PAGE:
In an age over-saturated with slick American teen drama series with a supernatural theme – many still characterised by the enduring influence of BUFFY and all of them hoping to be as long running as SUPERNATURAL – HEARTLESS is a distinctively Danish take on the form. Played commendably straight and without the smart-arse, self-aware humour that tends to dominate its U.S. equivalents, it’s an absorbing, if sometimes ponderous, eight-episode serial that has scope for further seasons.

In the early going of episode one, we witness photogenic teen twins Sofie (Julie Zangenberg) and Sebastian (Sebastian Jessen) luring and feeding in an almost vampiric fashion from an unfortunate young man in a nightclub who, as a result of their necessary act, promptly bursts into flames. The siblings have to feed on the life force of other people in order to survive and fatal consequences result if their feeding reaches a certain level. Sebastian, the more sensitive of the duo, wrestles with his own conscience of their activities, and together the twins set out to find out who and what they really are. They revisit the orphanage from which they originally ran away as infants, and discover that their mother attended an ultra-strict, rural boarding school. Joining as second year students, they learn about the dark history of the school itself – with the sadistic modern hierarchy carrying on old traditions of persecution and torture - and its inextricable links to their own bloodline.

Shot in muted tones and colours with the central school permanently enshrouded by mist, HEARTLESS is an atmospheric series built around a premise that inevitably echoes significant earlier American genre works. Sebastian (who tortuously reins in his need to feed wherever possible) gets the come-on from various girls at the school but his perfectly normal lustiness blurs with the unavoidable needs of his monstrous self when aroused, a la CAT PEOPLE. (The notion of a tortured, handsome male lead unable to fulfil romantic relationships due to the threat he poses, is of course, a throwback to BUFFY and ANGEL). The concept of family members with a desperate compulsion to feed on humans and a peculiarly incestuous relationship with each other has echoes of Stephen King’s far sillier SLEEPWALKERS. There are also CARRIE-inspired sub-plots involving the telekinetic powers of key secondary characters.

It could very easily be reincarnated as a generic, slick U.S. series, but the execution here is very Scandinavian. The tone is sombre and understated, with an underlying erotic charge and a real effort to minimise FX and melodrama in favour of a realistic approach to the potentially outlandish material. The backstory, including flashbacks to 17th century witch-hunts linked to the school principal’s three daughters, is effectively integrated into the contemporary narrative, and the performances are strong all round: the two leads are striking. For those that crave such things, there are occasional intrusions of predictably bad CGI fire and some fleeting, gratuitous shower-room nudity, but HEARTLESS has a beguiling style of its own, even when retreading age-old plot threads like the old “Only love can break the curse…” chestnut that we have seen in sundry earlier genre projects.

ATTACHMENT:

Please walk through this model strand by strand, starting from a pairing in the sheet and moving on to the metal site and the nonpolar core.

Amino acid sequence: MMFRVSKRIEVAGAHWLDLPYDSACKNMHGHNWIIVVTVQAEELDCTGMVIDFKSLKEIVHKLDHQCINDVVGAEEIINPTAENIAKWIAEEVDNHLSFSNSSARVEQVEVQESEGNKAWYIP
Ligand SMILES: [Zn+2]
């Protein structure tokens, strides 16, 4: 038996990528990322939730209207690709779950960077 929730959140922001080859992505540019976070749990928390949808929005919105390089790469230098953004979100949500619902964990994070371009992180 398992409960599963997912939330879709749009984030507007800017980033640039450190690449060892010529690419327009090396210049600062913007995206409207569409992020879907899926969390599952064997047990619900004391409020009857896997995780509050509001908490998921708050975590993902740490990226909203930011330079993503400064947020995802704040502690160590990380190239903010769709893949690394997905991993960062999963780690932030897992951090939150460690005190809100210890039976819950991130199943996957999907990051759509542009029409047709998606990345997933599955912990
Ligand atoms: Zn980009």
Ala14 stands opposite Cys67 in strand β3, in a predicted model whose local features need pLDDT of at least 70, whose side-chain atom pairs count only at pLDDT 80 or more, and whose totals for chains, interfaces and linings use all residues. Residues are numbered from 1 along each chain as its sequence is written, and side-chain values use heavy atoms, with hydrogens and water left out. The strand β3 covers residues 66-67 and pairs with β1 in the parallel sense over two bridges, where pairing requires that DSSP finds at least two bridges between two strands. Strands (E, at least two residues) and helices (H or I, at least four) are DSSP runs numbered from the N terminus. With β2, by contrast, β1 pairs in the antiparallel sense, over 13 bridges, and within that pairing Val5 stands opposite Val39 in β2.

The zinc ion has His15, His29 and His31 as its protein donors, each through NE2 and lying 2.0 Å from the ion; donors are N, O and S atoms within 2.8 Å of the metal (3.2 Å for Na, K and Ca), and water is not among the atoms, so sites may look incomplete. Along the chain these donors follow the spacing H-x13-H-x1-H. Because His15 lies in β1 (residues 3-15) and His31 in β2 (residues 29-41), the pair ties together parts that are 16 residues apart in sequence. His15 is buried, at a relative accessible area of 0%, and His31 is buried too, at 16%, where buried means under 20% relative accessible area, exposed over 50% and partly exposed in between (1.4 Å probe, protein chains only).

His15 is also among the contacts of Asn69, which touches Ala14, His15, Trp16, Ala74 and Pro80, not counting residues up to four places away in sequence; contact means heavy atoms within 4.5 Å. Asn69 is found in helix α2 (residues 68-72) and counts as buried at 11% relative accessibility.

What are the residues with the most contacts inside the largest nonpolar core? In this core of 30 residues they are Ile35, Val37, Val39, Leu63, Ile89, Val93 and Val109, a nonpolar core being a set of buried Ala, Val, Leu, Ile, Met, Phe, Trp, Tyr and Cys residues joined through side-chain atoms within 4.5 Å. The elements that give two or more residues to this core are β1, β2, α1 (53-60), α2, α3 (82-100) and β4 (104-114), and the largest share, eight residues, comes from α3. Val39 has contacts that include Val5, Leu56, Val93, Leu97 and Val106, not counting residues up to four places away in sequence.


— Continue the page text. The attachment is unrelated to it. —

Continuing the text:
Steven West

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BOOK REVIEW – SKITTER - ***

By Ezekiel Boone. Published by Gollancz, 27th April 2017. Hardback £14.99, eBook £7.99, Audiobook £19.99

What is it about spiders. Why are people so frightened of them? You should see the hysterics in my house when one turns up in our bathroom. So I'm surprised that I haven't been reading more books like SKITTER.

SKITTER is the sequel to last year's THE HATCHING in which a plague of long dormant flesh-eating spiders erupts devastating huge areas of the world. Millions are dead and much of China is a nuclear wasteland and after an infected ship runs aground in Los Angeles the city and much of the west coast of the US is quarantined.

Spider expert Professor Melanie Gruyer and her team are struggling to make heads and tails of what's going on after the spiders stop their relentless advance, retreat and die. Humanity breathes a huge collective sigh of relief as people begin to think that the outbreak is over. In reality it’s not so. It's a tactical retreat to protect the eggs of the next generation of spiders. In a related sinister development, a lorry-size glowing egg sack is discovered in Japan. Meanwhile, survivors from Los Angeles break the quarantine cordon around the city and this and other events prompt the US president Stephanie Pilgrim to activate The Spanish Protocol.

SKITTER is the middle book of three and does a lot of marking time. It uses the time to fill in a wee bit more of the back story of the spiders and to catch up with many of the folks that featured in THE HATCHING. FBI Agent Mike Rich, Gordo and Shotgun, and Professor Melanie Gruyer's ex-husband, Manny Walchuk with the aim of keeping readers interested while setting things up for the finale.

Ezekiel writes well and the pages whiz by. SKITTER manages to retain much of the creepy-ness of book one while getting on with the business of building to the inevitable cliff hanger to make sure we will be back for book three. Although you could read SKITTER as a stand alone novel, I wouldn’t, read THE HATCHING first.

It's always darkest just before dawn.

Ian Rattray.

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